When a girl is discovered dead at a dock, the local coroner, Yamazaki, soon realizes that her hair is still growing at an incredible rate. Yamazaki decides to take the body home with him and begins selling the girl's hair to local hair salons as hair extensions ('exte'). However, it soon becomes apparent that the hair has a life of its own, with deadly consequences.Written by
an unlikely but winning mix of (actual) creepy Japanese horror and domestic drama
Hair Extensions works much better than expected. I mean, seriously, how much horror can one expect to come out of something as simple as hair? But the hair in this film is possessed, you see. It comes out through parts of the body once it attach's itself inside the host body: the person gets hair through fingernails, shooting up like weeds in a garden, through eyeballs, through a mouth, everywhere. And in this film, one of Sion Sono's better works for mainstream consumption, it's real success comes that it's not simply about a maniac guy who uses demon hair to kill people (he also sells hair extensions that have the roots that have Grudge-type problems, yes hair can remember). No, it's also a domestic drama involving a woman who works at a salon (the adorable Chiaki Kuriyama) whose sister is an abusive B-word to her daughter, who is traumatized for life at the age of four.
For a little while (maybe the first 45 minutes) it's a wonder how these two stories, one with these people being killed by hair and this wacky guy in his home made out of hair-locks (and of course it's all lit in darks and greens), and the other with the salon girls and the drama with the sister and the daughter, will intersect. Once it does, the movie gears into being totally absorbing, and Sono is very creative with how he stages his horror set pieces. There aren't *that* many kills, at least not as many as one might expect from the director of Suicide Club. It's more about staging a setting and place, how it's lit, how the person in the shot moves about. It's not about jump scares, and it's not about some of the simpler modes that sometimes happen in "grudge" movies. In this film, a seemingly dead body can still f*** with the living.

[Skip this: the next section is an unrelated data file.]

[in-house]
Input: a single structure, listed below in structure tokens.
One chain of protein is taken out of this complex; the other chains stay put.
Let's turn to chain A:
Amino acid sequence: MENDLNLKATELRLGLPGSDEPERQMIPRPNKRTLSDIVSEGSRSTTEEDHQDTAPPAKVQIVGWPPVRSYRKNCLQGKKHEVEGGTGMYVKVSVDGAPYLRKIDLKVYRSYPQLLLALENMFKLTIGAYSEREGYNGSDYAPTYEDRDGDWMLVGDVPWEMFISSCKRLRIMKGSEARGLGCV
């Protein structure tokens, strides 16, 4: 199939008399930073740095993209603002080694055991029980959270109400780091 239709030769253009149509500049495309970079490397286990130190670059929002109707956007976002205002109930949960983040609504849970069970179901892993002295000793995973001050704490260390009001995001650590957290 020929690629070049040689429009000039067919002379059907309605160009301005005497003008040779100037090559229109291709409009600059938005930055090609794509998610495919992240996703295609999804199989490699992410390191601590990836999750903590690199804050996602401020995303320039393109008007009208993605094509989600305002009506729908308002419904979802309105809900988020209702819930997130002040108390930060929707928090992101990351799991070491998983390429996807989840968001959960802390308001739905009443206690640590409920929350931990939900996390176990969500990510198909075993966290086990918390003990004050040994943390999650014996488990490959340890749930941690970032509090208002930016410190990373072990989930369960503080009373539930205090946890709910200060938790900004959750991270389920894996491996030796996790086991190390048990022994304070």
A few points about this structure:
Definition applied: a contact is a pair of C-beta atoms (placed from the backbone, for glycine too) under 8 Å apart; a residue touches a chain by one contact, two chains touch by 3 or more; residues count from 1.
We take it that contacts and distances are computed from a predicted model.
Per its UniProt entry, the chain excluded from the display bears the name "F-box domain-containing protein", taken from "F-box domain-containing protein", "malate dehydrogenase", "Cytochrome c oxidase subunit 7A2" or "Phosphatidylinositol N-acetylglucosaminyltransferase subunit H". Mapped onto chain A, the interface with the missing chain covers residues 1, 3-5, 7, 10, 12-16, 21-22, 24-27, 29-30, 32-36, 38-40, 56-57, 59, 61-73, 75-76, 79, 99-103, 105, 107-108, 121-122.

The acting is also quite good, which is important as a lot of the film's drama rests on the sister and daughter and how Chiaki's character has to try hard just to reach out to the little girl (even more difficult after a particularly traumatic scene she sees, which we wisely only see some of before the big reveal). It's gory, which is to be expected, but I was amazed by the suspense that Sono was able to draw out of scenes, even in the climax which veers into over-the-top territory with its antagonist. Oh, and the movie is surprisingly funny to boot, mostly involving a cat who suddenly appears in scenes posed next to a statue outside at night (or just, you know, around), or how the villain sidles his way into the salon with his precious hair extensions. Only one moment that should be painfully obvious to anyone but isn't seen by the protagonist makes on do a face palm. The rest of the film is fun, effective and leaves an impression as art merged with genre.
4 of 5 people found this review helpful.
Was this review helpful to you?
| Report this